I had a facial once, about 10 years ago, and even that was a little invasive for my tastes. The facial was a component of a spa package that someone had given me as a gift, and while it wasn’t a bad experience, I didn’t enjoy it enough to want to do it again. The aesthetician was gentle and methodical, and I remember that she used a botanical line of products, which I appreciated, but I found the whole thing to be strange-bordering-on-gross. I think I just prefer my own fingers and hands working with the skin on my face.

I’m particular about how I handle my skin, as well. I once tried a motorized facial cleansing brush after years of hearing people rave about their Clarisonic facial cleansing brushes. It kind of spooked me, and I didn’t like the way my skin felt during or after using the device. I gave it to Callaghan, who also tried it once and never used it again.

Body work – therapeutic massage therapy – makes me swoon. I love scalp massages even more. I could have my feet massaged for hours, which is odd considering that I don’t like people looking at my feet. And if I could hire someone to do nothing but trace designs on my back with his or her fingertip all day, I would. That spa facial, though! It was just kind of uncomfortably weird lying there while someone cleansed my face for me.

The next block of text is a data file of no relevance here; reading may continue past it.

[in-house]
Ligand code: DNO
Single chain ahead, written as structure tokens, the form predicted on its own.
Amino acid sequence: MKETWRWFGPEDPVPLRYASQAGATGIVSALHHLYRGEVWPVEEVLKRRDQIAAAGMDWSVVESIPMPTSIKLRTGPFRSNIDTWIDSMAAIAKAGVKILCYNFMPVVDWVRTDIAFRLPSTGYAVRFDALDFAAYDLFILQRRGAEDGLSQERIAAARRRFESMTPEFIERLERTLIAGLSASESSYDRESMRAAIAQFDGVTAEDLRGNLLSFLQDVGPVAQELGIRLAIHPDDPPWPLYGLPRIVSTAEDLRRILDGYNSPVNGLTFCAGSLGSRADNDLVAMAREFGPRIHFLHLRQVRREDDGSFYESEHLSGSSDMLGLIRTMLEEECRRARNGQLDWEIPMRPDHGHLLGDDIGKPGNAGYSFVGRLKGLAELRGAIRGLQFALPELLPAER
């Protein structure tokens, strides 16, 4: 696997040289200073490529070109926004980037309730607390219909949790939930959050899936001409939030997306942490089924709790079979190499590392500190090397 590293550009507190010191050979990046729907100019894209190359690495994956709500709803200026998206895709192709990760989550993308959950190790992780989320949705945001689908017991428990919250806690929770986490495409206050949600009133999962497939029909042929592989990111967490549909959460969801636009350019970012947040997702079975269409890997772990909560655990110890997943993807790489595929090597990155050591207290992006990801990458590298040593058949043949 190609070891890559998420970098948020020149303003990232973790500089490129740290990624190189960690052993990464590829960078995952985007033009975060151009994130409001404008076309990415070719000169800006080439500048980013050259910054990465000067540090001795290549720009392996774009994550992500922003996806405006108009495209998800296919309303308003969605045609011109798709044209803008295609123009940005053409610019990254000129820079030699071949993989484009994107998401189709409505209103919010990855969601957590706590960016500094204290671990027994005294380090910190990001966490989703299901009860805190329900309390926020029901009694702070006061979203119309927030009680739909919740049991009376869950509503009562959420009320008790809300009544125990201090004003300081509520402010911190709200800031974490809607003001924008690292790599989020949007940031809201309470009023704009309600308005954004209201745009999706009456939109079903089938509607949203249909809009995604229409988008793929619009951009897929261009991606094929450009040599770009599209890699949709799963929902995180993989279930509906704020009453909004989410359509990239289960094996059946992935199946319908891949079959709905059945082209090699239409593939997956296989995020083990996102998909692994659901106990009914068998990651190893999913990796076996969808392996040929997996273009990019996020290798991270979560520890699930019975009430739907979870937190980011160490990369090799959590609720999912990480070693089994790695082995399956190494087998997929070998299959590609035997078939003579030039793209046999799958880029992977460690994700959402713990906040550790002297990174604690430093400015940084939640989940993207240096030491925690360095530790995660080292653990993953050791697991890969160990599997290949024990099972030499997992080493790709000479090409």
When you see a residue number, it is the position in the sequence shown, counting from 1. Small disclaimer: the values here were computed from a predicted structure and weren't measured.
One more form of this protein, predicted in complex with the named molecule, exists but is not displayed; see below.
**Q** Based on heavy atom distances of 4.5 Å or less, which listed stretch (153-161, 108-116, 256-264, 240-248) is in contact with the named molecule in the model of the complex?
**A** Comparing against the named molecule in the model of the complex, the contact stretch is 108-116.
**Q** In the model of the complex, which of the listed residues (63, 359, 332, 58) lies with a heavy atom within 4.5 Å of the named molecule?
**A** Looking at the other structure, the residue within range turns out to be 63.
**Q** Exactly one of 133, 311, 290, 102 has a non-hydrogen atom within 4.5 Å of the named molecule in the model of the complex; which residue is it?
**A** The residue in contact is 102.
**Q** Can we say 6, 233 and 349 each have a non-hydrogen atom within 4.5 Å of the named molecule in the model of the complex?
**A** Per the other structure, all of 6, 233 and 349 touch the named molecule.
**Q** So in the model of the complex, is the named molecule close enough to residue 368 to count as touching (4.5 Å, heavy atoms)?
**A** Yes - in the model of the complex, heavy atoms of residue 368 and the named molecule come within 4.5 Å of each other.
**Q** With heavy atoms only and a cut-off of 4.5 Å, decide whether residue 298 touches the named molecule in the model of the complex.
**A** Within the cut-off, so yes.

I'm really not happy in this pic that was taken last night, but a fake smile is supposed to lift your spirits somehow, so this was the experiment.

I’m really not happy in this pic that was taken last night, but a fake smile is supposed to lift your spirits somehow, so this was the experiment.

 

Of course I’m flattered when people remark that I look younger than I am. I’m not immune to vanity, I’m not a humblebraggart, and my mother taught me well regarding taking care of myself, so in a sense, the compliments are a tribute to her. But as far as anti-aging efforts go, I do my own thing, and whatever happens, happens. Just because I have a skin care regimen and use some products that say “anti-aging” on the labels doesn’t mean that I’m actually anti-aging.

Currently, in the morning, I wash my face and use an eye cream and sunscreen under my make-up (I apply the latter to my face, neck and upper chest, as the appearance of your neck and décolletage can make a huge difference)… and that’s it. I stopped using daily moisturizer on my face months ago. The sunscreen I use seems to do a good enough job, so I leave it at that.